“Today in Vietnam, there is little or no recognition of school zones and the need to create safer environments for children who use them, let alone a standard school zone definition. Through community input and government support, Slow Zones, Safe Zones, will advocate for policy change in the second phase to establish a first-ever legal school zone definition for Pleiku City creating a framework for the future design and safety renovations to school zones,” said Raoul Powlowski, of the Global Road Safety Partnership.

At the end of the event, AIP Foundation and the Gia Lai Traffic Safety Committee successfully signed the Memorandum of Understanding (MOU) for the program’s second phase, and leaders expressed their support and commitment for the continued partnership.

View photos from the closing event here.

Dr. Vu Anh Tuan, Director of the Transportation Research Center of Vietnam German University, shares his expertise on school zone safety with government leaders.

Building Government Capacity to Promote Sustainable Road Safety Change

In the lead-up to the closing event, AIP Foundation also collaborated with the Gia Lai Traffic Safety Committee to organize a technical capacity-building for the Technical and Strategic Steering Committee (TSSC) in Gia Lai, Vietnam to advocate for provincial road safety changes. The TSSC members include leaders of the Gia Lai Traffic Safety Committee, Department of Education and Training, Pleiku City People’s Committee, Pleiku Police, and two certified road safety auditors.

Dr. Vu Anh Tuan, Director of the Transportation Research Center of Vietnam German University and Mr. Le Van Thanh, Specialist of the Traffic Safety Unit from the Ministry of Transportation in Vietnam, were present as trainers. Through their expertise, the TSSC members learned about components of a “safe school zone”, the role of both the public and private sector actors in working together to create those school zones, and the work of improving road safety for children through a review of international best practices in school zone design and establishment. Members got the chance to hear literature and research on what school zone definitions generally look like and how they are used, in order to inform the TSSC’s “working definition” of a school zone.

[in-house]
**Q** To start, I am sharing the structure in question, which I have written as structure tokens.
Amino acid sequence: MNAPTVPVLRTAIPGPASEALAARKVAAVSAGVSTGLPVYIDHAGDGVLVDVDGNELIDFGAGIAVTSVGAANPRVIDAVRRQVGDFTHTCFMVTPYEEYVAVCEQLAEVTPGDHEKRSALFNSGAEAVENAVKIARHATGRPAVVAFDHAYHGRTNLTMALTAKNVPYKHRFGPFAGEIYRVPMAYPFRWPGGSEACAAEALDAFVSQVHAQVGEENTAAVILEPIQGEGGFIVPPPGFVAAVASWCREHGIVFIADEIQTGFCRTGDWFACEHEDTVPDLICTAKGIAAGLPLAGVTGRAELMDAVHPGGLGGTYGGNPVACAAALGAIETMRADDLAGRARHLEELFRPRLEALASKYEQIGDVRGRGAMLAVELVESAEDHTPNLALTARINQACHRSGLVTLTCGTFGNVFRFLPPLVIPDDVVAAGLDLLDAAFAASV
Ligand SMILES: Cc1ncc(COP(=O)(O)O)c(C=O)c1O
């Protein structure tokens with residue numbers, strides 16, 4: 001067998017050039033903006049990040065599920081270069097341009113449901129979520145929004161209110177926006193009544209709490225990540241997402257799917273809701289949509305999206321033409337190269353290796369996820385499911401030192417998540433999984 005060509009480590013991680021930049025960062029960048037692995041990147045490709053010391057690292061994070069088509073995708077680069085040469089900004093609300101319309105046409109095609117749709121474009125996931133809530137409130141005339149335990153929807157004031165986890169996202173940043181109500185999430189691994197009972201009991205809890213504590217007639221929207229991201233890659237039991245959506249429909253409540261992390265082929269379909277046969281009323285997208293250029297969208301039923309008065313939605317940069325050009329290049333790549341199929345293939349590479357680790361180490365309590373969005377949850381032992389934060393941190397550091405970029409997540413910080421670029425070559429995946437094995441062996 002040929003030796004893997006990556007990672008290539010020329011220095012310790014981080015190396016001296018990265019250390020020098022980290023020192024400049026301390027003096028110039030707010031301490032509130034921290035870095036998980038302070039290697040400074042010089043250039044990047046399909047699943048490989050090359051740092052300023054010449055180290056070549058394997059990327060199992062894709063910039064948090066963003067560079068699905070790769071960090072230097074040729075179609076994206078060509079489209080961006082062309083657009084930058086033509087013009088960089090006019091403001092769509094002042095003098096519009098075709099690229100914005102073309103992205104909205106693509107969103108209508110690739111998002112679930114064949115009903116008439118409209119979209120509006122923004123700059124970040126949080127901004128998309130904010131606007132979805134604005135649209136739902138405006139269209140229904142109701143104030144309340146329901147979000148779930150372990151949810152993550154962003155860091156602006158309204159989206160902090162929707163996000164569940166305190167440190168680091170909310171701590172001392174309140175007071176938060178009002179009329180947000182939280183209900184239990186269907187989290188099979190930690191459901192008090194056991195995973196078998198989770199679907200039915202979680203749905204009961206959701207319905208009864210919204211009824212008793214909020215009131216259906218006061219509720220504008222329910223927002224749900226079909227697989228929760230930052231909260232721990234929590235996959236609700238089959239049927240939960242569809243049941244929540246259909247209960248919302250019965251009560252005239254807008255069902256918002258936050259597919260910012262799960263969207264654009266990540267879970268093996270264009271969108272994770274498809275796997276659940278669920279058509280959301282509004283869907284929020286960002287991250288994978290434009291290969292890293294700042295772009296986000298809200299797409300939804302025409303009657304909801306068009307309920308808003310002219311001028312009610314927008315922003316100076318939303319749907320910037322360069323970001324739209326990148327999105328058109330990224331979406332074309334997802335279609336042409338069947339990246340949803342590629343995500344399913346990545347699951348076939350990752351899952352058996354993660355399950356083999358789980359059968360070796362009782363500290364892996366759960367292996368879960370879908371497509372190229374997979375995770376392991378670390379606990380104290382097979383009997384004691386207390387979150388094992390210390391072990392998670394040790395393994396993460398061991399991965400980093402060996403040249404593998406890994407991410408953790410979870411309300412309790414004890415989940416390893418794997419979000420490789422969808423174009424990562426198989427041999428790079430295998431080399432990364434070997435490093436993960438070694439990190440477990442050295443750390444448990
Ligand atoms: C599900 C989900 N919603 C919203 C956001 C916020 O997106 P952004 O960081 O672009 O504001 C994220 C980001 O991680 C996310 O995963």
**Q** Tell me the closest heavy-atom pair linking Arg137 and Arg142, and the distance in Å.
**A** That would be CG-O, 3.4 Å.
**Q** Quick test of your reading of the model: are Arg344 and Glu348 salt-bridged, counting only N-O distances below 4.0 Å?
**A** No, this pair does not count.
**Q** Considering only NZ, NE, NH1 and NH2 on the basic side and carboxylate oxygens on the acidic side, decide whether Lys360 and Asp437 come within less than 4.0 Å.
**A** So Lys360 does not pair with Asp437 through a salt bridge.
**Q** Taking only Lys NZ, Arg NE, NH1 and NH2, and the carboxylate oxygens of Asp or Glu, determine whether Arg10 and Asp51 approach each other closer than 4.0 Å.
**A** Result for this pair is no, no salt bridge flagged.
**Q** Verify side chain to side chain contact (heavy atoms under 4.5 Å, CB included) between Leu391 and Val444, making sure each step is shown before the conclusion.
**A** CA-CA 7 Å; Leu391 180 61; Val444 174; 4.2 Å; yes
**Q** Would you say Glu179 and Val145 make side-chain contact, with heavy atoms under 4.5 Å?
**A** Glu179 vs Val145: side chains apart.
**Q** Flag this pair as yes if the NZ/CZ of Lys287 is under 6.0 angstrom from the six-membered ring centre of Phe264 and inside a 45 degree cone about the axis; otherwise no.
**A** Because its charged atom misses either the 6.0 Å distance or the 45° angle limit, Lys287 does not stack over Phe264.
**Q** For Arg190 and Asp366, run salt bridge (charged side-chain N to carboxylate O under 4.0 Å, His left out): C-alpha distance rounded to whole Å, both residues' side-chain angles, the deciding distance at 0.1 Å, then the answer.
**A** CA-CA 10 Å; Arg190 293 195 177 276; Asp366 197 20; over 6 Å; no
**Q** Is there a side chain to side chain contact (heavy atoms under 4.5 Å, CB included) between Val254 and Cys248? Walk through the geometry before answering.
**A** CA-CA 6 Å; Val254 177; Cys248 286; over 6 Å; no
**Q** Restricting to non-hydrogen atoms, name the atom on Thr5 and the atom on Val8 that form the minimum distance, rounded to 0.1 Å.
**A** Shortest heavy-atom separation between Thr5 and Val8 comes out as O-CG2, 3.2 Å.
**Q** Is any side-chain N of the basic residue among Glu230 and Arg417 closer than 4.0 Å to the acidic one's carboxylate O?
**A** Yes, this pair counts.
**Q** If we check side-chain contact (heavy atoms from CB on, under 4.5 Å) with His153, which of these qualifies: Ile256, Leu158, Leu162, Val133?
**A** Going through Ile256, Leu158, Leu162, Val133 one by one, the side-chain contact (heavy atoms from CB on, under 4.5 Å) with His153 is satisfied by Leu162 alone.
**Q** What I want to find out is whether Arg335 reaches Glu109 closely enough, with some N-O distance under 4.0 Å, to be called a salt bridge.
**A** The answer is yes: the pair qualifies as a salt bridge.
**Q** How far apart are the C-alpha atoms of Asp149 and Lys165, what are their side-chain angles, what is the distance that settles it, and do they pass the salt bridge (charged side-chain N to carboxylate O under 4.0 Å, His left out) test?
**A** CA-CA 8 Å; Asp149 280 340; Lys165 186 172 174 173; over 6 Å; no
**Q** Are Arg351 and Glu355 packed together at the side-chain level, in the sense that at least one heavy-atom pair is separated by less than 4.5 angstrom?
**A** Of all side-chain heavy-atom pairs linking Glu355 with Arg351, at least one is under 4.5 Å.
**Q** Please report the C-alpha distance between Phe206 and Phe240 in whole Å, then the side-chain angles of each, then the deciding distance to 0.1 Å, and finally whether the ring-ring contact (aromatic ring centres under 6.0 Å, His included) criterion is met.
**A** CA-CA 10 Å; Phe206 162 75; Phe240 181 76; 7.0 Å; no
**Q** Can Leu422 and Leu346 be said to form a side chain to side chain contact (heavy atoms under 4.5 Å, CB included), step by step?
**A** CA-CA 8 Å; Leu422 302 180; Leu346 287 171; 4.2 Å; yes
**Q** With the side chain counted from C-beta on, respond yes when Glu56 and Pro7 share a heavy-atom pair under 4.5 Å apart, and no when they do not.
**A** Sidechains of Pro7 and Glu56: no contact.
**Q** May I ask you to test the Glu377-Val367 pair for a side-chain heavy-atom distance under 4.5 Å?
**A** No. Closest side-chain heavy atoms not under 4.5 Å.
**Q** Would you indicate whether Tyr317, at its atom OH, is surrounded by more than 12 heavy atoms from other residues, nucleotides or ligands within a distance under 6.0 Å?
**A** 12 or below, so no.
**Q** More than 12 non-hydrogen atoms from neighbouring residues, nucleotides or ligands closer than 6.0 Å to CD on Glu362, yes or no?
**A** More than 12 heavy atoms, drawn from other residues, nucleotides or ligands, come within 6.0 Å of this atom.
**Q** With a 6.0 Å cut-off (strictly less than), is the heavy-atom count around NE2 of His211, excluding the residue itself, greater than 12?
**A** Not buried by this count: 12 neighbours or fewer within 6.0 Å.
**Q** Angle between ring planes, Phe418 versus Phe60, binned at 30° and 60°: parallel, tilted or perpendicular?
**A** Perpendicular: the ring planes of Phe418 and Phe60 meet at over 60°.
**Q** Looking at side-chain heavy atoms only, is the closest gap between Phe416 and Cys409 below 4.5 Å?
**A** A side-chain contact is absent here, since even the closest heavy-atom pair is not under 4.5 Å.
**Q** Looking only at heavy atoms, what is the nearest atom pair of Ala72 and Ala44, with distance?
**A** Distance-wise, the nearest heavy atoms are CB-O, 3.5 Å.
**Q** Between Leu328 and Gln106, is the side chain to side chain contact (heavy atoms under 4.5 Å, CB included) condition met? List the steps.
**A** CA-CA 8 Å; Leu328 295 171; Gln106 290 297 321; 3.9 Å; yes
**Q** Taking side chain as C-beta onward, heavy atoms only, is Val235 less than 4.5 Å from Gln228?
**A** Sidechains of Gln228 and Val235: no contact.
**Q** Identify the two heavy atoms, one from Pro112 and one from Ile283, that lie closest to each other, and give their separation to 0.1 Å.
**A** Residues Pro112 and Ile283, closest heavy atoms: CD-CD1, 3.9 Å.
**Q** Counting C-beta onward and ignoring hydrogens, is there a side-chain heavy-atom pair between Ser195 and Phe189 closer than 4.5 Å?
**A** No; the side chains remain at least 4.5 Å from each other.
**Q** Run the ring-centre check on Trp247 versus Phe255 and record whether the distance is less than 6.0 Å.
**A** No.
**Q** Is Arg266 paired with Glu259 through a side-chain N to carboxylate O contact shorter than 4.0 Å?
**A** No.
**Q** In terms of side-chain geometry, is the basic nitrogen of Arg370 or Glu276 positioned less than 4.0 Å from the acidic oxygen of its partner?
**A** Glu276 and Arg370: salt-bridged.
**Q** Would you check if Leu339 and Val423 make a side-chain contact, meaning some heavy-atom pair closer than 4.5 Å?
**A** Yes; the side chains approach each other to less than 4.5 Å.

Based on the lessons, the TSSC members will be able to draft a standard school zone definition that will apply to both new schools and existing schools that are currently undergoing modifications. This draft will be submitted to the Pleiku People’s Committee for the passage of a city-wide law that can apply to all schools in Pleiku and mandate lower driving speeds near school zones. Through collaboration with government officials to publicize Pleiku People’s Committee’s passage of the school zone definition decision, AIP Foundation will play an instrumental role in the advocacy of provincial road safety legislation.

View photos from the training workshop here.

Back to top


Utilizing media to promote social change in Vietnam with Safety Delivered
11-30 June, 2020 – Hanoi, Ho Chi Minh City, and Thai Nguyen Province

One of the top winning family photos of the Safety Delivered photo contest features a student from a program school with her mother. The photo contest aims to promote awareness around helmet use for the Safety Delivered program.

Safety Delivered, a program implemented by AIP Foundation and supported by The UPS Foundation launched a series of innovative multimedia campaigns, including billboard installations, photo contests, and public service announcements, across primary schools and hospitals in Hanoi, Ho Chi Minh City, and Thai Nguyen, Vietnam to raise awareness of the importance of helmet use.

The photo contests occurred at 18 target schools throughout the month of June and encouraged students to develop ideas for photos among their classmates, as well as the volunteers with their family members, giving students the opportunity to think critically about road safety in a collaborative way.